Lists in Java (ArrayList vs LinkedList) Tutorial

List is an interface for an ordered collection of elements in Java.

You can easily add, remove and get elements by index.

2 main things that you should keep in mind using Lists in Java:

  • Lists guarantee an order of elements. That means if you will add 1, 2, 3 integers to the list, you can access it by 0, 1 and 2 indexes.
  • Lists allow duplicates

There are 2 the most popular implementations of Java List: ArrayList and LinkedList.

Let’s take a look deeper at this 2 classes.

I’ll explain how to initialize list in Java, syntax, difference between ArrayList and LinkedList and of course I’ll mention few popular interview questions.

Java List Syntax

The list syntax should not be a problem for any person.

For example, we want to make an array list of string:

or initialize a linked list of integers:

Note that currently (until Java 9) you cannot use primitive types as a generic type, you have to use corresponding primitive class wrappers like Integer, Long etc.

But JEP 218 promises to fix this situation and maybe in the future we’ll get this feature.

You can add elements calling add() method:

You can remove elements by index as well:

strings.remove(1);

If an index is not valid IndexOutOfBoundException will be thrown.

You can access elements by index:

String explain = strings.get(0);

Or you can iterate through the list using a for-each loop.

Let’s take a deeper look at list implementations.

ArrayList

Java ArrayList is built using a simple array.

Inside of array list, you can find a field:

Default capacity is 10 elements.

You can specify initial capacity via constructor as well.

Internal array size is always greater than list size because we need a gap to add elements fast.

If required capacity less than current element capacity – array will grow on 50%.

For example, current capacity is 10, we want to add one more element.

Required capacity is 11, that is more than current, so elementData array will grow to 15 elements.

Previous 10 elements will be copied using Arrays.copy() and new element will be added to the 11th position.

But when you remove an element capacity is not changed, it’s important to know.

One more thing that you should keep in mind that ArrayList is not a thread-safe collection.

If you need concurrency take a look at  CopyOnWriteArrayList and  Collections.synchronizedList().

Time Complexity

First of all, read what is algorithm time complexity on the Wiki if you don’t know what is it.

Now depends on your use case you should understand what data structure is better.

You should think about the most frequent operations, e.g. you need to add elements fast or you need to read elements by index.

We’re going to estimate the following use-cases:

  • add/remove an element to/from the beginning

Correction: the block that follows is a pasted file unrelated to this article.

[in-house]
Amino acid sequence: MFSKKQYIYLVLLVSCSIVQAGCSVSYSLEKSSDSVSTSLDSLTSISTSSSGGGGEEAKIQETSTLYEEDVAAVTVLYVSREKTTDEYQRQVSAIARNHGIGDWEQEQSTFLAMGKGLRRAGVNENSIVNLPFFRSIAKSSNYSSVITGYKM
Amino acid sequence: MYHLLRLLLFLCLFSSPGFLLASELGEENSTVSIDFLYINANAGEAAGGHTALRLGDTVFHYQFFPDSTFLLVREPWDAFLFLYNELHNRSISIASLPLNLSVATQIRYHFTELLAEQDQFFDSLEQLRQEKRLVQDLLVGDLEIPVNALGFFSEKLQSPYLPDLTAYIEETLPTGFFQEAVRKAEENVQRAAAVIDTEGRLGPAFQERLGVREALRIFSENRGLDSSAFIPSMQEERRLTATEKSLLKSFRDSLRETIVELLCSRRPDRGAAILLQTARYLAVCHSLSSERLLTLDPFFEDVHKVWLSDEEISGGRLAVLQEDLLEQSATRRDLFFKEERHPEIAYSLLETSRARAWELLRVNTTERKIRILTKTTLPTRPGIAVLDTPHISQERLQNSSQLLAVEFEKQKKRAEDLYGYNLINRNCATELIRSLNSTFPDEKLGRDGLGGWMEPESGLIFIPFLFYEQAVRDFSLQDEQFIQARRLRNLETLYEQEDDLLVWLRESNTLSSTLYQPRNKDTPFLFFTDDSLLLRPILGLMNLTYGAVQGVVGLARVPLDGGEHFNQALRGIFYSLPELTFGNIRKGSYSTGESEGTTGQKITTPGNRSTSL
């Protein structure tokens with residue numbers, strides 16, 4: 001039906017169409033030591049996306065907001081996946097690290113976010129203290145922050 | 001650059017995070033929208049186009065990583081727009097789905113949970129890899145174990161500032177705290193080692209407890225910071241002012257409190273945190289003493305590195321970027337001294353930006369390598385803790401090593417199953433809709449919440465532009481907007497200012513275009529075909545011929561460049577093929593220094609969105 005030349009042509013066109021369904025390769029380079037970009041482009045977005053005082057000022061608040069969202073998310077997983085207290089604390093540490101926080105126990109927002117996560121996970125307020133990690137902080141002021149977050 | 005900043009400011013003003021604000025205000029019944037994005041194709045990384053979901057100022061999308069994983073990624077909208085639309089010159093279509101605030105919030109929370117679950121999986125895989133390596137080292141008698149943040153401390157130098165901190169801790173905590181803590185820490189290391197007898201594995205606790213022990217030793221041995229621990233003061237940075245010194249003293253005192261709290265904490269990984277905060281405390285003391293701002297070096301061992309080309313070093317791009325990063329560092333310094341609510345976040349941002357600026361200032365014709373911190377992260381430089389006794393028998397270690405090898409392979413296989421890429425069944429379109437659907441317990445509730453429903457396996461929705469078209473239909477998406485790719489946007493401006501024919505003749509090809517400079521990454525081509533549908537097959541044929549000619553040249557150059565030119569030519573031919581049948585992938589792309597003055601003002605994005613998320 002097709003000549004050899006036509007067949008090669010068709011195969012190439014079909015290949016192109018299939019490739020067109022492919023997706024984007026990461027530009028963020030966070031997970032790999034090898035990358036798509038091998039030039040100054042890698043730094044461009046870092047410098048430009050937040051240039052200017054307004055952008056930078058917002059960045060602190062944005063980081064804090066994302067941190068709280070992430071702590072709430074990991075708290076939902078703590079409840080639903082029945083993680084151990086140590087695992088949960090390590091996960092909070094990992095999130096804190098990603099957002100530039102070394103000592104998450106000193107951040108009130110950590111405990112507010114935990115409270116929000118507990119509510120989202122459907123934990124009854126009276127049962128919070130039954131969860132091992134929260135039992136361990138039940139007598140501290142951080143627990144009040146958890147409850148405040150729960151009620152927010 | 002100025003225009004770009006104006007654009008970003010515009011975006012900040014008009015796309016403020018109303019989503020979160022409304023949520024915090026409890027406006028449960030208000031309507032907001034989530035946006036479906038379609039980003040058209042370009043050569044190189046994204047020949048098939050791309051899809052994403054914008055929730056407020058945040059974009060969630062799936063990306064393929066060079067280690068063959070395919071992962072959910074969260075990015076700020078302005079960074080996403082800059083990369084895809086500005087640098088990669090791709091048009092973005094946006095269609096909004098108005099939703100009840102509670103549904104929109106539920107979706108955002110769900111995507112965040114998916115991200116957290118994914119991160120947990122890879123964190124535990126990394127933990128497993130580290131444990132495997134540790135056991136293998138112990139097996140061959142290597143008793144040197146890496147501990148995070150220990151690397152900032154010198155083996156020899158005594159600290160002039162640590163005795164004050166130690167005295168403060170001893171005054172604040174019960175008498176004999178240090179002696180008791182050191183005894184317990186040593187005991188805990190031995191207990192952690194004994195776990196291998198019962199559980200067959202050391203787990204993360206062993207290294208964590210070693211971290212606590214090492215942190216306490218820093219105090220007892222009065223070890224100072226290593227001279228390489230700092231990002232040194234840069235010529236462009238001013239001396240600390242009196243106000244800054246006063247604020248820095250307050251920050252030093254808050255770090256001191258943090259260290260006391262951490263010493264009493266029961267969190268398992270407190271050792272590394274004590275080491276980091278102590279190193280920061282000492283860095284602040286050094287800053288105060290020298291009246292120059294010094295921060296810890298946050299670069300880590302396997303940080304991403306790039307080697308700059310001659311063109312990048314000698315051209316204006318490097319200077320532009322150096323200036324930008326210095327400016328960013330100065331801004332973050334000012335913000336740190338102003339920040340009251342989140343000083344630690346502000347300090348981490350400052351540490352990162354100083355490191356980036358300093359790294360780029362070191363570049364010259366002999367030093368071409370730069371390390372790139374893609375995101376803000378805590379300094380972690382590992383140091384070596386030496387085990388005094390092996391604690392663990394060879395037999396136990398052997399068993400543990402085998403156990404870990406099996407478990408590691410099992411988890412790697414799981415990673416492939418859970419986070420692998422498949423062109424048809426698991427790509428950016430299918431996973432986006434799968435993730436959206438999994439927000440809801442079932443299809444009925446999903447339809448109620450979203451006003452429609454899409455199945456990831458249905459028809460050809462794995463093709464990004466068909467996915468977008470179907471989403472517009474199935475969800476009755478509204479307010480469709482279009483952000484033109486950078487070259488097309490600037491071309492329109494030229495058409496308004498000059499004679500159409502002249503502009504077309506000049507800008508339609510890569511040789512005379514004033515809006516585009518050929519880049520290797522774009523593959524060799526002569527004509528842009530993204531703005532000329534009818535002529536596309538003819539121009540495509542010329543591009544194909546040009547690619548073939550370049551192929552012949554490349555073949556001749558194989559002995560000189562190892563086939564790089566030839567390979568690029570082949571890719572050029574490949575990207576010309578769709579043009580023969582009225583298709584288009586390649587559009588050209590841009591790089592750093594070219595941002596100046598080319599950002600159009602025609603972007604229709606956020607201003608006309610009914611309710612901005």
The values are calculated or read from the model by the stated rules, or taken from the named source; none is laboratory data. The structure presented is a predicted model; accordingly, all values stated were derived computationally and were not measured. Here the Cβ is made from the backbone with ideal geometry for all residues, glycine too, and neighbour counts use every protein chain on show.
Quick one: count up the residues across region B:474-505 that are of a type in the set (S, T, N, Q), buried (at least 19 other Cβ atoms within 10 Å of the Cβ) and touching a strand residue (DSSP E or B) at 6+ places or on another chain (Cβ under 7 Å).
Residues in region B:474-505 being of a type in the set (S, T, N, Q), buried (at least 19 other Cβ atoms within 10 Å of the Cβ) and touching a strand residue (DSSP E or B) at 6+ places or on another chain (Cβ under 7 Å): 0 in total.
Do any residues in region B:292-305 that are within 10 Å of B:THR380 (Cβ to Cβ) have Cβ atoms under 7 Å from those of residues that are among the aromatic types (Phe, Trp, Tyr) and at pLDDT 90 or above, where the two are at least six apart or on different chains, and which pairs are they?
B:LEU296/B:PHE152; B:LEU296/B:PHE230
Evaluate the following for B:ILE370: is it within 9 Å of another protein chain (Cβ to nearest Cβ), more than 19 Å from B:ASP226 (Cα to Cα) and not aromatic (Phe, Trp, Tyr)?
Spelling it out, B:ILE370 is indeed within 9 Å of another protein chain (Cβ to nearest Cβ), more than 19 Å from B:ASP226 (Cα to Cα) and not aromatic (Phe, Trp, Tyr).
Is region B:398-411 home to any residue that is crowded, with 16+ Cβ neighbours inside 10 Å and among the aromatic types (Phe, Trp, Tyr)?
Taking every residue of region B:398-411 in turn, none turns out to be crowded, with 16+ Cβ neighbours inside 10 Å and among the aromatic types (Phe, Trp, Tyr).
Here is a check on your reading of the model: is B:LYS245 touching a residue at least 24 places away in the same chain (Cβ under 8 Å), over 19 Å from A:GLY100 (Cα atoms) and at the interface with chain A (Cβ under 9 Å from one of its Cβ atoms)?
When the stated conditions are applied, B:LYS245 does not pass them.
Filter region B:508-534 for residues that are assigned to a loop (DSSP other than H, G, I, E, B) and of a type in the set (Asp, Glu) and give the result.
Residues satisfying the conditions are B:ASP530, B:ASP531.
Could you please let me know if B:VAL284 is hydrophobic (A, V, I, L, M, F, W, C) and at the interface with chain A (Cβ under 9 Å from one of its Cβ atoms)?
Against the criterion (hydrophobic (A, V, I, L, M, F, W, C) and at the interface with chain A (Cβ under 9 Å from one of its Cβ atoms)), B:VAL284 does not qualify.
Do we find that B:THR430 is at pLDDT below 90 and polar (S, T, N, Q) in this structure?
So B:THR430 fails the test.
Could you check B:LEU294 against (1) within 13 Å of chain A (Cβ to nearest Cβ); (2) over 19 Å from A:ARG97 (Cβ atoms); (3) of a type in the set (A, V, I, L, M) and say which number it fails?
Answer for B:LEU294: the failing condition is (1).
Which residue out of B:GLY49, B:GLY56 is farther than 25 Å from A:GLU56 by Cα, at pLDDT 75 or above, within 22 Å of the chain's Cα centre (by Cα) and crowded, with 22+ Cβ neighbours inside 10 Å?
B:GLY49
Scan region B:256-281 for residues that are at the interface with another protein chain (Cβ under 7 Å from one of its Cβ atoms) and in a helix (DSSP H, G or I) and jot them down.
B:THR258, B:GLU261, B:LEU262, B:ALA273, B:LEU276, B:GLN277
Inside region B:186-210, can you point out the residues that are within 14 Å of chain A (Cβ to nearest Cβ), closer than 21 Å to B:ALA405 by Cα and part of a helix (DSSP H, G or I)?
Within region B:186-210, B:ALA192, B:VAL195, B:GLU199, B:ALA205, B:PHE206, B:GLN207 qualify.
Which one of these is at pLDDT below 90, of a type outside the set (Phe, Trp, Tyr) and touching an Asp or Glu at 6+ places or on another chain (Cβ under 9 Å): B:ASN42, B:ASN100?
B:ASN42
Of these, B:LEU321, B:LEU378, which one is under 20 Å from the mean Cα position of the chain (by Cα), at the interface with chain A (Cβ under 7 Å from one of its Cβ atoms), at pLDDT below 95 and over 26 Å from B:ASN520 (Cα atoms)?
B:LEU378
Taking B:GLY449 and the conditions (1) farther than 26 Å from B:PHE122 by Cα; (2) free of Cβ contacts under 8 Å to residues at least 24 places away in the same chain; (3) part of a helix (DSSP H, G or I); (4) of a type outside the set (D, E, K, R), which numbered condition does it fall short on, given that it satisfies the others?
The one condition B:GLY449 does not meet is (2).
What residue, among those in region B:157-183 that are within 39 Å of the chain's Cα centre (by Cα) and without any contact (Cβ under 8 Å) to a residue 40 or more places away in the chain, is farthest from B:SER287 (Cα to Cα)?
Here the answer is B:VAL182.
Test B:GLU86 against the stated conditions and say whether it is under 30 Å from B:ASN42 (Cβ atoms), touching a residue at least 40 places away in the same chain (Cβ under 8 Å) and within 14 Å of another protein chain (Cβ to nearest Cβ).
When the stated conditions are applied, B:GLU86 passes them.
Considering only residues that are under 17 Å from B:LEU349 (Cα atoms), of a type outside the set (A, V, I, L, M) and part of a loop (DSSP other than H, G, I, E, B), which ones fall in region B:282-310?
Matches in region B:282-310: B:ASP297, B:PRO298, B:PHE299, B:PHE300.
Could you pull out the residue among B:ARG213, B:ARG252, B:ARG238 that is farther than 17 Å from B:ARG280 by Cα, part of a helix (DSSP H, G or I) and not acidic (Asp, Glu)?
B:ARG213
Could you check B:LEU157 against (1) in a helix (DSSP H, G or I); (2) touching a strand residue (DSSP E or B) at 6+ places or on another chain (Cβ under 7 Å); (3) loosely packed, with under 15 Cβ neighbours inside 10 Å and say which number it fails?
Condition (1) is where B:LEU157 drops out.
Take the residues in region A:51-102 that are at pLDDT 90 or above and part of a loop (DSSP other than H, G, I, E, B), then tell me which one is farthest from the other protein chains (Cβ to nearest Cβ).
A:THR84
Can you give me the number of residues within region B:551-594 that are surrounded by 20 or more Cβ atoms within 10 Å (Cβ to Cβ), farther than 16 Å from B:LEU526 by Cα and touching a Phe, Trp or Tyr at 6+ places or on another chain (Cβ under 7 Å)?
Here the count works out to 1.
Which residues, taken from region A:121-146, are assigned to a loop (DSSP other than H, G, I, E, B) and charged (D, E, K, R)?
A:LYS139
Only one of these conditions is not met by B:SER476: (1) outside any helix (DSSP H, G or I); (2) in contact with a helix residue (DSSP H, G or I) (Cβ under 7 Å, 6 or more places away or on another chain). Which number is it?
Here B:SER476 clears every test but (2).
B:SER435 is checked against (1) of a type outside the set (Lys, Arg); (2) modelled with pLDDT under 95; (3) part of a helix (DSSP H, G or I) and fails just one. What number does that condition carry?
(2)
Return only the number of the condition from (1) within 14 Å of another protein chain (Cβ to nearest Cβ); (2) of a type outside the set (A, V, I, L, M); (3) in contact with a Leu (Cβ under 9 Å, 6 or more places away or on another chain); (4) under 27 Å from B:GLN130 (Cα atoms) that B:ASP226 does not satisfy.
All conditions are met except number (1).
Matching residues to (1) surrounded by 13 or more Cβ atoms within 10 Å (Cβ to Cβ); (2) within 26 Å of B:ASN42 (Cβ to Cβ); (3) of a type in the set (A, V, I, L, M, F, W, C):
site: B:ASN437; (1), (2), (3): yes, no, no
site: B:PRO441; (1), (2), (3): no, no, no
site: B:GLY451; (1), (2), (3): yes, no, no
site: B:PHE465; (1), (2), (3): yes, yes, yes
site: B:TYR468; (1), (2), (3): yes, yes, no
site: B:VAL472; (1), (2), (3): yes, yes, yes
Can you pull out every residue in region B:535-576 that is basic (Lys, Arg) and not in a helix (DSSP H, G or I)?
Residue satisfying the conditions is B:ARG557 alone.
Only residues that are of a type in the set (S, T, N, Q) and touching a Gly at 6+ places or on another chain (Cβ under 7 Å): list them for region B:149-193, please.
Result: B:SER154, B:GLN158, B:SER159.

• add/remove an element to/from the end
  • add/remove an element to/from the middle
  • read element by index
  • contains an element
  • get list size

Let’s take a look at time complexity table:

Use-case Time Complexity Description
add/remove an element to/from the beginning O(n) You need to copy each element to the i + 1 position and then you can write a new element to 0 index
add/remove an element to/from the end O(1) At the end of an array you have a gap, so it costs nothing to write a new element to the end
add/remove an element to/from the middle O(n/2) You need to copy 2nd half of element to i + 1 position
read element by index O(1) Get element by index in the array takes constant time
contains an element O(n) You need to iterate through the whole array and check if array[i] element equals to target object, worst case is an object is a last one in the array
get list size O(1) ArrayList stores a private field size and increments it every time when its growing, so it’s constant time to read this variable

If we analyze this table we can say following:

  • It’s really fast to add element to the end, read element by index and check array list size
  • It could take time to check if object exists or not
  • It could take time to add an element to the beginning or to the middle. In general Arrays.copy() works really fast but if this is a frequent operation you should think twice before choosing an ArrayList

LinkedList

LinkedList is one more List implementation that consists of Nodes that contains an object value and references to the next and previous nodes.

It’s double-linked – that means LinkedList contains references to the first and last nodes.

Node looks like this:

What happens when you add a new node:

  • the linked list takes the last node
  • create a new node that contains the current element and last node as a prev
  • sets new node as the last one